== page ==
It now appears unlikely that the Senator Helen Coonan’s media reform package will pass in its present form. Nobody is advocating it. If there is an argument that what is presently proposed is in the public interest, then nobody has articulated it. But of course it comes down to numbers, not arguments, and the National Party is holding firm in opposition and John Howard is hardly staunch in support.
Coonan, by splitting her package into several different parts, seems to be preparing for the possibility that part of it may fail.
The risk is that the National Party will be thrown a bone at the last minute to buy them off and let the legislation through, which will leave the rest of us, and the nation as a whole, in a pretty pickle.
The bone for the Nationals might be extra powers for the Australian Competition and Consumer Commission to act against reductions in local news diversity in regional areas.
In this context, National Party Senators could do worse than read this thoughtful piece on the role and record of the regulators by author Jock Given.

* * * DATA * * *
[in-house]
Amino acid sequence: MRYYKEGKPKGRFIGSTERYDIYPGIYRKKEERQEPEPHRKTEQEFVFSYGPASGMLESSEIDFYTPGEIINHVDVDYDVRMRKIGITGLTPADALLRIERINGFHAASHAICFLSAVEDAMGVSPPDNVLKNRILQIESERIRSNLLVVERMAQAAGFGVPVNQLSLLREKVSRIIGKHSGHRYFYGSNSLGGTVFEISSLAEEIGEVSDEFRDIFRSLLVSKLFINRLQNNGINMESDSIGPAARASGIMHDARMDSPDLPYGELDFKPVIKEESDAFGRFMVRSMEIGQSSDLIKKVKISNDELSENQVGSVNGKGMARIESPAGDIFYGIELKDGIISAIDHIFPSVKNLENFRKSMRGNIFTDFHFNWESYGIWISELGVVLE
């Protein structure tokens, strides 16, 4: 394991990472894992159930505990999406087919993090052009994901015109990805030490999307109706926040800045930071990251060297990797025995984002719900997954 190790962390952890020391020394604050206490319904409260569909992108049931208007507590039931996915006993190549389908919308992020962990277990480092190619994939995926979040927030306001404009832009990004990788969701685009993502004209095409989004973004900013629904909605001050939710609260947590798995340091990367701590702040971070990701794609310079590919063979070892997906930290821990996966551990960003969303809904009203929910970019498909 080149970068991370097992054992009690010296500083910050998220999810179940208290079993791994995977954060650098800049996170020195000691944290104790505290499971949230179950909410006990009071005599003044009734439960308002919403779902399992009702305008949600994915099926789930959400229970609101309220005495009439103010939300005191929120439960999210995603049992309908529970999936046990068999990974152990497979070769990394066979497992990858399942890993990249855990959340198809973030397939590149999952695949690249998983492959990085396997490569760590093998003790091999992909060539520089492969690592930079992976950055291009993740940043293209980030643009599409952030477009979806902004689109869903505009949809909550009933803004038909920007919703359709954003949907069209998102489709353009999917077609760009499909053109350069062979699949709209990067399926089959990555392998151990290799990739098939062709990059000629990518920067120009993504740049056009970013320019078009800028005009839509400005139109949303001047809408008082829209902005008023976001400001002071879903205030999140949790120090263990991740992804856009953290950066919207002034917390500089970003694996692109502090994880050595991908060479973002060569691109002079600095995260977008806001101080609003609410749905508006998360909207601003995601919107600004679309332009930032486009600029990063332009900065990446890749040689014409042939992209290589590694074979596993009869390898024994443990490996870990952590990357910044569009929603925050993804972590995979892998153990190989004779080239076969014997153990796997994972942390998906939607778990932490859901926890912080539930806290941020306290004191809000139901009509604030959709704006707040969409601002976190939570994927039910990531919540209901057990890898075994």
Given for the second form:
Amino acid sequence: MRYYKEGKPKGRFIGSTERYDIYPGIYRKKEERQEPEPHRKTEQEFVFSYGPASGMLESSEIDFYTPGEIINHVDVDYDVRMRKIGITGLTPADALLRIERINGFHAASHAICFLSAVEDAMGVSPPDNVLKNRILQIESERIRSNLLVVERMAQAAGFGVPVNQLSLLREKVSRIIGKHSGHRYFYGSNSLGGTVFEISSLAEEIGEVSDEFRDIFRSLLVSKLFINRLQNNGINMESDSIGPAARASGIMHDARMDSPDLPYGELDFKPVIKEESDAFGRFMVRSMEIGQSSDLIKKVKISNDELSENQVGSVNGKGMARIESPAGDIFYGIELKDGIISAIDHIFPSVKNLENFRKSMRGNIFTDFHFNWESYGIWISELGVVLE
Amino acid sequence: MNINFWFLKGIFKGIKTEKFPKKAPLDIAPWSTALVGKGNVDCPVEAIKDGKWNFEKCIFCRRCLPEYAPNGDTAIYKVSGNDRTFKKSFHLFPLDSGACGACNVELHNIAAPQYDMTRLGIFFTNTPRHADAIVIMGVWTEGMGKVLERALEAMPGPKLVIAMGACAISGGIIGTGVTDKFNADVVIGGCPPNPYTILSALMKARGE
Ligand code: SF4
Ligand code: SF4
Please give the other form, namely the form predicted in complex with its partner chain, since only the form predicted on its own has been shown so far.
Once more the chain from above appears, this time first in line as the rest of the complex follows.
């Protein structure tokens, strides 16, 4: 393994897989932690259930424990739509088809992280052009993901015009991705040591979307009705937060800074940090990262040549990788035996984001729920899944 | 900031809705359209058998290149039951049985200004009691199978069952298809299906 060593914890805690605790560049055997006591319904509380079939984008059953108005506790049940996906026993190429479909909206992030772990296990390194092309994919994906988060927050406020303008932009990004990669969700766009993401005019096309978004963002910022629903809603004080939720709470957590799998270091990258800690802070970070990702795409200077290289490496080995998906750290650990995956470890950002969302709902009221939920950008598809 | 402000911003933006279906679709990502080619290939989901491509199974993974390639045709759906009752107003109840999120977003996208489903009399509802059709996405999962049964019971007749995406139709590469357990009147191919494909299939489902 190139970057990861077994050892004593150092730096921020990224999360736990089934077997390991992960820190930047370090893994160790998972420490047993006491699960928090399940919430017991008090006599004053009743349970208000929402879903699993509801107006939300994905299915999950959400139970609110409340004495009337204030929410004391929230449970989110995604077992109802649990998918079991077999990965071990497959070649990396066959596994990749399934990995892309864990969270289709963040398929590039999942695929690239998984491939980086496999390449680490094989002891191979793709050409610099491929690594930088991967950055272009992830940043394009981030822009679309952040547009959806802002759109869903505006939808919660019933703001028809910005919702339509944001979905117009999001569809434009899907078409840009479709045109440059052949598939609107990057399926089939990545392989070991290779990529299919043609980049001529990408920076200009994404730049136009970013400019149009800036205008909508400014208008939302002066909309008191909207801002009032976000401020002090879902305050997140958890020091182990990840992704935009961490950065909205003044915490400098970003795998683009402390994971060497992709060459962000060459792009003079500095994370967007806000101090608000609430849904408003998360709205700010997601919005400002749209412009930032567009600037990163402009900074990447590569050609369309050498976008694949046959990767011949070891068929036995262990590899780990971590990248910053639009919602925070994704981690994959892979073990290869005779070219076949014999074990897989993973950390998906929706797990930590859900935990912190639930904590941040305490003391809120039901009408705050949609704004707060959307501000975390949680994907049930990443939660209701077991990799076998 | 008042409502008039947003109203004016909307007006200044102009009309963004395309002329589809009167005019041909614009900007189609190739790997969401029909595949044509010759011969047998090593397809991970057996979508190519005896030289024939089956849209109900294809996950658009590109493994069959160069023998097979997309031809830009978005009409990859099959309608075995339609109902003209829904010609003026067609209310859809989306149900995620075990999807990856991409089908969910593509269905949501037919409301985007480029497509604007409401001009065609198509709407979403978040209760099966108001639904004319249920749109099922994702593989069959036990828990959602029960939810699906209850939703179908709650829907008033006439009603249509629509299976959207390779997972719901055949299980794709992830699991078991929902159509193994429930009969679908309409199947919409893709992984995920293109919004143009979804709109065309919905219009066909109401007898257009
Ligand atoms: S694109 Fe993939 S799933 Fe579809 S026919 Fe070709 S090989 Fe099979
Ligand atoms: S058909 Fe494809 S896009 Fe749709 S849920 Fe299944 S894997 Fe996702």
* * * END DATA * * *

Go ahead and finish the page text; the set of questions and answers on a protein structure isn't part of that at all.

Given reviews recent speeches by ACCC head Graeme Samuel in which he seems to suggest that competition law might be able to grapple with issues of media content quality. Given is sceptical, and it is indeed hard to see how it might be done.
There is no doubt that ACCC is adept at measuring audience habit. Drilling down into Samuel’s statements, it seems that what he is really about is measuring how consumers presently use their media – which is quite a different thing to measuring the quality and diversity of news and information content.
And in any case, Samuel’s recently released discussion paper makes it clear that his work will not necessarily prevent further concentration of media ownership. We will have to wait and see, he says, for the particular merger proposals to emerge and be assessed.
Given’s article concludes with some advice for the National Party and others:
Anyone worried about what might happen if the rules are changed the way the government has proposed will be best off extracting their safeguards in the legislation that emerges from the parliament, rather than hoping for the ACCC or ACMA to block mergers case-by-case.
Those safeguards might include the “media specific public interest test” recommended by the Productivity Commission, or a tougher threshold than the 5/4 voices test, though neither is guaranteed to prevent a disturbing degree of consolidation.
Indeed. But one cannot quote the Productivity Commission without also remembering that it stated very strongly that cross media ownership regulations should not be relaxed at all until digital broadcasting had allowed the establishment of new entrants to the industry.
Which means that the best things the National Party could do – for the whole of the country, not just the regions – is force the delay of cross media ownership relaxation, and press for more guts in the Digital Action Plan.